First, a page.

‘Industry’ Season Two Uses Language Like Magic

Photo Credit: Simon Ridgway/HBO

spoilers for those Industry Season two finale, “Jerusalem,” below.

I always wait for the moment when my brain starts processing the meaning behind stock market words. I thought it might happen during billion with his talk of deleveraging and wealth under management and capital gains like stabs in the stomach – everyone consulting each other, discussing their wishes and dreams and fears bam! Anything to do with high frequency trading algorithms! At various points I assumed that it would click during this time successor With the constant back and forth over hugs, controlling interests, and stock prices, the Roys are unable to express emotion except as a form of market value. Both styles work for their respective shows, but neither will ultimately teach me what an interest rate swap is. Industry In that moment, I realized I’d never get beyond the most basic understanding of a short squeeze, and the rousing Season 2 finale convinced me that I’ll never, ever want to do that.

The second season of the HBO series has managed the kind of beaten escalation that all second seasons aspire to and few achieve. If it had only been about the breakdown of Yasmin’s bond with her father – giddy, then angry, then plaintive but determined – that story alone would have made it worth watching. And all the messy, oddly endearing dealings about newcomer Jesse Bloom trying to get his son off to Oxford hit notes of fondness the show had been lacking while playing right into its obsession with classicism.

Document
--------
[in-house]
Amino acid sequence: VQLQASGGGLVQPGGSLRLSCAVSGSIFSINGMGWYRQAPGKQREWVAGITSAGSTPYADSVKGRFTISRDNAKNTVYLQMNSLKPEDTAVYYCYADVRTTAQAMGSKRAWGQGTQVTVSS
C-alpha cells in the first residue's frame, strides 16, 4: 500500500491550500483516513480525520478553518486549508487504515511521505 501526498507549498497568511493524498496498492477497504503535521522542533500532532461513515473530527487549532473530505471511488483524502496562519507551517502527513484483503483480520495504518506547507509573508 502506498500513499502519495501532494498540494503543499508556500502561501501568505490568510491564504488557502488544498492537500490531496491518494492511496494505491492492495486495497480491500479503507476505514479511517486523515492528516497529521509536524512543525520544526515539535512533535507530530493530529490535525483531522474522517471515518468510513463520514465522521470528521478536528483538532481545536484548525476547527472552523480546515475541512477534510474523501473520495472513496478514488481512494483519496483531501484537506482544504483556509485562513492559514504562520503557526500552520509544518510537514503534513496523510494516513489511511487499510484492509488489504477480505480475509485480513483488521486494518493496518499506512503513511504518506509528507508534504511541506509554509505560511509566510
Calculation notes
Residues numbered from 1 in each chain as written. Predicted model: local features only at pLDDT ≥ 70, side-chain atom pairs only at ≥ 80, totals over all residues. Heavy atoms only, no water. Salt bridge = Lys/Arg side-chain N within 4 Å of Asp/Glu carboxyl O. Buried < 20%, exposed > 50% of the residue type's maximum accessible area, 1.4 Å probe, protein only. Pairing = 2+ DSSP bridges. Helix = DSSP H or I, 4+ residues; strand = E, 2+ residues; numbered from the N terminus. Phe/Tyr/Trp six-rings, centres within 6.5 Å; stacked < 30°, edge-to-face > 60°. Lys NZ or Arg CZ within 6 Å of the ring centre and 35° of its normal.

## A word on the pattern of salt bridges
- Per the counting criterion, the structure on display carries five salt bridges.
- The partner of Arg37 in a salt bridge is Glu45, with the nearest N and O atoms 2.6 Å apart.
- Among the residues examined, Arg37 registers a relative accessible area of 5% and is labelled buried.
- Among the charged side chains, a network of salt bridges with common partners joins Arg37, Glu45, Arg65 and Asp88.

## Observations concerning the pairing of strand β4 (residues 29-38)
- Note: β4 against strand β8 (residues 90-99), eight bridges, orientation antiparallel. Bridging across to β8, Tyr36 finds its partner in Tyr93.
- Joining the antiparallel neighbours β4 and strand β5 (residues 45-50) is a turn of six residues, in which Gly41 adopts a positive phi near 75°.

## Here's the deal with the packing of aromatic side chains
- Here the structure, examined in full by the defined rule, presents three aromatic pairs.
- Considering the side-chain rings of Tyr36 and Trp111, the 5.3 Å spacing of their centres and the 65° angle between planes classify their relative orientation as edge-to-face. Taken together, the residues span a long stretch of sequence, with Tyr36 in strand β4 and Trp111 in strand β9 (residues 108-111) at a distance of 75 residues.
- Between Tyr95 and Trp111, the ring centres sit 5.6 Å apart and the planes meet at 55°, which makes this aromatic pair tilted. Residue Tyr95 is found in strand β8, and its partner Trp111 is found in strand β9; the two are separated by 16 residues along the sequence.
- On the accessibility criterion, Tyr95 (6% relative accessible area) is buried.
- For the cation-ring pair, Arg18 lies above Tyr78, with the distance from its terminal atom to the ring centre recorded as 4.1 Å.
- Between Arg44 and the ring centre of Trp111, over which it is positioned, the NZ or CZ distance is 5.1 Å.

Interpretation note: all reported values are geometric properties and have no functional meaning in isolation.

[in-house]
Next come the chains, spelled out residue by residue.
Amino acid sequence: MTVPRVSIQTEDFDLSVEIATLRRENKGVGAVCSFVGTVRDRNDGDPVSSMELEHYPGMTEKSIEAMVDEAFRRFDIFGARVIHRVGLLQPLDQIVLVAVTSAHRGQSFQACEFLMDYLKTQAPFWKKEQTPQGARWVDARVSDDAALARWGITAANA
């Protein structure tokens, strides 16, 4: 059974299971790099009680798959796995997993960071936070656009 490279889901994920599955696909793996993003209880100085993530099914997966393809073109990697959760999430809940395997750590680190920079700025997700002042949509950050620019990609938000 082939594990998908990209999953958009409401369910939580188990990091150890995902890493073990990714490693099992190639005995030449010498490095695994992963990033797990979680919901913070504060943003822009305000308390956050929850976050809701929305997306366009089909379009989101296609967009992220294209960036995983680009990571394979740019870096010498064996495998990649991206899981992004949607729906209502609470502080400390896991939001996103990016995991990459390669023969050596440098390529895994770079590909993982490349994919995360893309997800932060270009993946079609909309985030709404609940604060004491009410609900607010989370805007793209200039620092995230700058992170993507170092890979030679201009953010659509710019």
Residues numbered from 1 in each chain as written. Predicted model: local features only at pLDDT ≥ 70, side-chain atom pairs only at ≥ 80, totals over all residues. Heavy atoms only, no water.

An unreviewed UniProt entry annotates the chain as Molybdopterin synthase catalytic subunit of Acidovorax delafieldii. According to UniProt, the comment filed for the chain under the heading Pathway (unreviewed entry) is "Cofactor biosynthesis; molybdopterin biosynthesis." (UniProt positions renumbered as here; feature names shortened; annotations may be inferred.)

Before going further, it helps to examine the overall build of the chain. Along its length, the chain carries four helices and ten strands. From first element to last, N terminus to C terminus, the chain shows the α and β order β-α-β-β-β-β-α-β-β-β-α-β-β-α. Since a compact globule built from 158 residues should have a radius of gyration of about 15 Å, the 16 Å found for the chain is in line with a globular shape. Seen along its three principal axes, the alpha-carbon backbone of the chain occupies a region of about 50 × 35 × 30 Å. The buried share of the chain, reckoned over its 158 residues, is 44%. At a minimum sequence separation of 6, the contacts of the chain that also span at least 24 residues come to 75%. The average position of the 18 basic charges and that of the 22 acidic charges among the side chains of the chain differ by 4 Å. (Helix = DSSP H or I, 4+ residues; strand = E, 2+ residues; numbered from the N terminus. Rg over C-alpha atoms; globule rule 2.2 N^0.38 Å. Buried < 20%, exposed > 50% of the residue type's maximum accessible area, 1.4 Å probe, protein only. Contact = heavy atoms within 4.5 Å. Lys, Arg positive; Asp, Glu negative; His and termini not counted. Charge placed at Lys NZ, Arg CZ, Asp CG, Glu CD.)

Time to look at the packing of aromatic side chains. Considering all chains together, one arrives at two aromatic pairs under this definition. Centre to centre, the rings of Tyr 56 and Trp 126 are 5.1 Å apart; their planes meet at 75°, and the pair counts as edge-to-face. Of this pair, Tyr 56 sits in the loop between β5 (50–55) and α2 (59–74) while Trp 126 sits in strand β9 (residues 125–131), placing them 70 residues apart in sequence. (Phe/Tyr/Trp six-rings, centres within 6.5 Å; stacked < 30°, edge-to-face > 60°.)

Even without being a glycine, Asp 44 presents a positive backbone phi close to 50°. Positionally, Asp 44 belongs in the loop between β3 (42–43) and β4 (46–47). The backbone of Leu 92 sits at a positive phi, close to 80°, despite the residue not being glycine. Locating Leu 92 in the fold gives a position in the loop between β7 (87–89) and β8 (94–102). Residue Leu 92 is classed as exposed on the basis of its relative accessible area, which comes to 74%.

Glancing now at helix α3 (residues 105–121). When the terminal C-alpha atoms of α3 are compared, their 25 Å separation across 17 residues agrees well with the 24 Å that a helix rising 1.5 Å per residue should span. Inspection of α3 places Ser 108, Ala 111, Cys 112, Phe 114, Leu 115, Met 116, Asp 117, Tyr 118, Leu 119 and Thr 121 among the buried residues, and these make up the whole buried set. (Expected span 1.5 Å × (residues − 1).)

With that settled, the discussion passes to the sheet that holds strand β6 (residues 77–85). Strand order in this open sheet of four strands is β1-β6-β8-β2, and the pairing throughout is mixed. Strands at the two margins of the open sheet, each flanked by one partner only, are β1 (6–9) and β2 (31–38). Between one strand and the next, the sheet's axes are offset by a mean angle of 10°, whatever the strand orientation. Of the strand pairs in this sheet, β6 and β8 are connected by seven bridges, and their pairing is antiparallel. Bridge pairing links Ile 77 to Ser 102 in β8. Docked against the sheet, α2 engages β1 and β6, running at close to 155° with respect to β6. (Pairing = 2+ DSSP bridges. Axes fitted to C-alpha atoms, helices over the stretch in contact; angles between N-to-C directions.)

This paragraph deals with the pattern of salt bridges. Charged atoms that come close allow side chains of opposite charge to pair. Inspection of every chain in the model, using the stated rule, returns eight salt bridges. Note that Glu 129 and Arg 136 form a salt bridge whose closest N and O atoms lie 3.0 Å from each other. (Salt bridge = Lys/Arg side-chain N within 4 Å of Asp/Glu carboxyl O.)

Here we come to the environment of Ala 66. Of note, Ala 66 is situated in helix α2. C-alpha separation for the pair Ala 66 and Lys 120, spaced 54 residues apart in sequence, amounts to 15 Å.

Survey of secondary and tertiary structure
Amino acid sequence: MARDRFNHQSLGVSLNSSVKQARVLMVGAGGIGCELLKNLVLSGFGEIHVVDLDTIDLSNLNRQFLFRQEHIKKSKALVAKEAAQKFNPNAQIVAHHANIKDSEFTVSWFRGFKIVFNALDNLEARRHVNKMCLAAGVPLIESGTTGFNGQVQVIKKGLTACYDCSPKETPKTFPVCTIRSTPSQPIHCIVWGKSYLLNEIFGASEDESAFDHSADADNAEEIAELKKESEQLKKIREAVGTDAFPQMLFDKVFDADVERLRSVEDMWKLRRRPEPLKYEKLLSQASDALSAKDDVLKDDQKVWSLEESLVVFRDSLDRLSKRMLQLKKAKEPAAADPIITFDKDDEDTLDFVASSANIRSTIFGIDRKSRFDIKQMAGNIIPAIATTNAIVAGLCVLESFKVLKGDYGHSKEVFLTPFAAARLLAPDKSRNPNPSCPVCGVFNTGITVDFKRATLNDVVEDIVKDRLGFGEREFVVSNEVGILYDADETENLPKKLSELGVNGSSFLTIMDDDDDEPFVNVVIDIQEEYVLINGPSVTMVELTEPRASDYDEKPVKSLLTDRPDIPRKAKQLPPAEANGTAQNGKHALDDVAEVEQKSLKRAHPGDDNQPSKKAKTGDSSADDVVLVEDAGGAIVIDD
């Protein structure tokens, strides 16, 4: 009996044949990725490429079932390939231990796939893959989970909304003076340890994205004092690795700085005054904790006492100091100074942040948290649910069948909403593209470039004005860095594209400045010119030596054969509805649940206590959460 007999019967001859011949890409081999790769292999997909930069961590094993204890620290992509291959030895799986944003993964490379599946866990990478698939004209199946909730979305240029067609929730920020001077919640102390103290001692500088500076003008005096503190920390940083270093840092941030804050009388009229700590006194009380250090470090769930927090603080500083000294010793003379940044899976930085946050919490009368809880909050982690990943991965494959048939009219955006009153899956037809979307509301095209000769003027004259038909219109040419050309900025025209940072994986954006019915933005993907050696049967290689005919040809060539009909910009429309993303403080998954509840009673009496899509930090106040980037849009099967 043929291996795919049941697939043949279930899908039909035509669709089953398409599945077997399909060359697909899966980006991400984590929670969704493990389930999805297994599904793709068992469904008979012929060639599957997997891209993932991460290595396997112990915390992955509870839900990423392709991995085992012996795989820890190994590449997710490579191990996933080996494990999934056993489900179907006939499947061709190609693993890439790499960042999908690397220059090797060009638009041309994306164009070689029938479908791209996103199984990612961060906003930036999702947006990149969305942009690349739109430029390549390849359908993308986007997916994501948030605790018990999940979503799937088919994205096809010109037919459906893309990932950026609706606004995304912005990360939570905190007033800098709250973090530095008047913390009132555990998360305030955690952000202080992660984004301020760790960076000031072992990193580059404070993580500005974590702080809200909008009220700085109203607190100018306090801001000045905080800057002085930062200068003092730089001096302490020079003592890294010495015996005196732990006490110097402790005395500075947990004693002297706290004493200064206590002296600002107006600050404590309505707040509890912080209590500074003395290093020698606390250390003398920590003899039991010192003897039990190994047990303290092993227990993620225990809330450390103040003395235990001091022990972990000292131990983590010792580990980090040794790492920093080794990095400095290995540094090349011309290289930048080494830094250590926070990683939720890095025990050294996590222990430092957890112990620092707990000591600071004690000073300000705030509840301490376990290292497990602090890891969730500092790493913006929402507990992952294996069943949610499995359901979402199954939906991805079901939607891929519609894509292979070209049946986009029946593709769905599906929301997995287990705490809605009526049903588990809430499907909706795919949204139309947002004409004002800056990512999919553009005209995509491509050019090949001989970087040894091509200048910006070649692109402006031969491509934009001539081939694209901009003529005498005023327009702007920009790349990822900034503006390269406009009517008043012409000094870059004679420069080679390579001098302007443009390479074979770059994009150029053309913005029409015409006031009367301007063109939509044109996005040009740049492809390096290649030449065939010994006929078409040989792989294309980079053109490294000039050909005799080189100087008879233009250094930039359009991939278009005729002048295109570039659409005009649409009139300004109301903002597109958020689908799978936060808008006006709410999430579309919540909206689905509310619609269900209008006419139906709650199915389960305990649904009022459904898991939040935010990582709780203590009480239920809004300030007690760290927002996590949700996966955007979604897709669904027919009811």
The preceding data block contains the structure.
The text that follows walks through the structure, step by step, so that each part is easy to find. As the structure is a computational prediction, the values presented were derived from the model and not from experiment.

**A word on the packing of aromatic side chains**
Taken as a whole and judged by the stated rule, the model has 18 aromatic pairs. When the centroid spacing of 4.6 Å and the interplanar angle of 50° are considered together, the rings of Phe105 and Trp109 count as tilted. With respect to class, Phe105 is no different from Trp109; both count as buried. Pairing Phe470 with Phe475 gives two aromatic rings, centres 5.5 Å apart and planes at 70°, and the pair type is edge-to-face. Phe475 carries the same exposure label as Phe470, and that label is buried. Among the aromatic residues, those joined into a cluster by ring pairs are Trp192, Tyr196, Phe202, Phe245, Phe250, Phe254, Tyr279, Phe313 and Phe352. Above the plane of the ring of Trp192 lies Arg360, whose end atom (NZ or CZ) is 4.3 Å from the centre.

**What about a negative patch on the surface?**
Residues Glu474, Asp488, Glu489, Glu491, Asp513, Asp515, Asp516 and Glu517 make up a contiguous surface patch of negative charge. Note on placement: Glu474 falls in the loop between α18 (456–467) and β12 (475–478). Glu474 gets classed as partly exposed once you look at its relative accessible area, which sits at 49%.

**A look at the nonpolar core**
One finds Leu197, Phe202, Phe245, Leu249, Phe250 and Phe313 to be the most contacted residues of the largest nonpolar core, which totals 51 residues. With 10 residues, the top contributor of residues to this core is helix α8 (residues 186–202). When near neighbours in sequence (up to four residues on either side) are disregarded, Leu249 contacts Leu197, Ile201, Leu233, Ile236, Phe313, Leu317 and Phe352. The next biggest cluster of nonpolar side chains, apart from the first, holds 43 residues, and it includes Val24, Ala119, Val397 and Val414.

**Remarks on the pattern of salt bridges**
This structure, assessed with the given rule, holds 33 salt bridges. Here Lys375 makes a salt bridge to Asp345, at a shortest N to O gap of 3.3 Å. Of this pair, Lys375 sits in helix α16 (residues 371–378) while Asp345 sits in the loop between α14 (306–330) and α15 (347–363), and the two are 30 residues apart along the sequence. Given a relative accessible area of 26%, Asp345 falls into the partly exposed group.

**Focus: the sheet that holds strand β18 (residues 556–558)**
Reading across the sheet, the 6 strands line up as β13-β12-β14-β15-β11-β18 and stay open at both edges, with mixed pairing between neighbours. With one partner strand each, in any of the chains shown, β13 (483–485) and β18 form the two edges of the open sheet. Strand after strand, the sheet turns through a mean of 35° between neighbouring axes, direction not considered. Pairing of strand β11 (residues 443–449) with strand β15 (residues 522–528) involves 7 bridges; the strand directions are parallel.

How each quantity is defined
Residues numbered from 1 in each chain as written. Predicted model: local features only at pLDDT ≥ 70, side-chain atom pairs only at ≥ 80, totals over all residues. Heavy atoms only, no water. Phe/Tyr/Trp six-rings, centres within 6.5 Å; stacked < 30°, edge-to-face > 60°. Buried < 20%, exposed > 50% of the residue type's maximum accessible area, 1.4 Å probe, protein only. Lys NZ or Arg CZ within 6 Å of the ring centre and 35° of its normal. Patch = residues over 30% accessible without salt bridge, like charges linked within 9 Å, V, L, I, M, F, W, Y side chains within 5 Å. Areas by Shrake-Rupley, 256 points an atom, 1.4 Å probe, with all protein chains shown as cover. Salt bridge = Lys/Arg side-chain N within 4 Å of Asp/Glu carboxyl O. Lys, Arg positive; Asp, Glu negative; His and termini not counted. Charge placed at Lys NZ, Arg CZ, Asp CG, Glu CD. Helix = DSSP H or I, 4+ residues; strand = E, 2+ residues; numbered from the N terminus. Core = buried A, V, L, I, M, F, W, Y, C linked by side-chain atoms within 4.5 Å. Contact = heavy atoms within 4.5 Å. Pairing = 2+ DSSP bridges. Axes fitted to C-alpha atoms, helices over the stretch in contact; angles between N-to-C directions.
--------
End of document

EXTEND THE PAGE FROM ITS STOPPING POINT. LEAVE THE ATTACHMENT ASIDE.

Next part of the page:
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But the big, exciting offset scene of this finale – Bloom’s sharp, breathtaking, not exactly legal market maneuver – is it Industry in its most beautiful form. After trying to partner with the mega-investor all season, Harper seems to have let down. They have come up with an elaborate short game that has to do with a brick-and-mortar pharmacy company called FastAide. Harper advised Bloom to sell this pharmacy chain’s stock because she thinks FastAide stock will plummet, but little did she know it would become a meme stock and that thousands of Reddit investors would rallies, to push the share price back up. Also, it looks like Amazon is going to take over FastAide, and news of that deal would send the price skyrocketing.

Bloom’s short position means he will lose untold millions of dollars. Harper asks him to stop it. Meanwhile, her attempt to get a job at another investment firm fails, so it looks like she’s headed for an epic crash and burning alongside Bloom.

Until. Until! Harper tries to convince Bloom that it is vital for him to get out of his short position by making it clear that the only thing everyone assumed the Amazon deal would be withheld was an antitrust investigation by the British government – would not actually take place.

The next time we see Bloom, he’s on the set of a CNN financial news show, talking about how impressive his investment acumen has been. At the same time, he texts Harper to buy up all available shares in Rican, a telemedicine company. Harper runs to the trading room and starts yelling at Rishi to buy everything. Buy everything! Do what the man on TV says! And then Bloom leans back in his chair in front of the TV and says: “Anywhere in the world Amazon would not buy FastAide. I’m just glad that in a place like the UK they still take the rules of competition seriously.” Harper gapes at two screens of a Bloomberg terminal. Graphics crash on one screen. In the next it rises.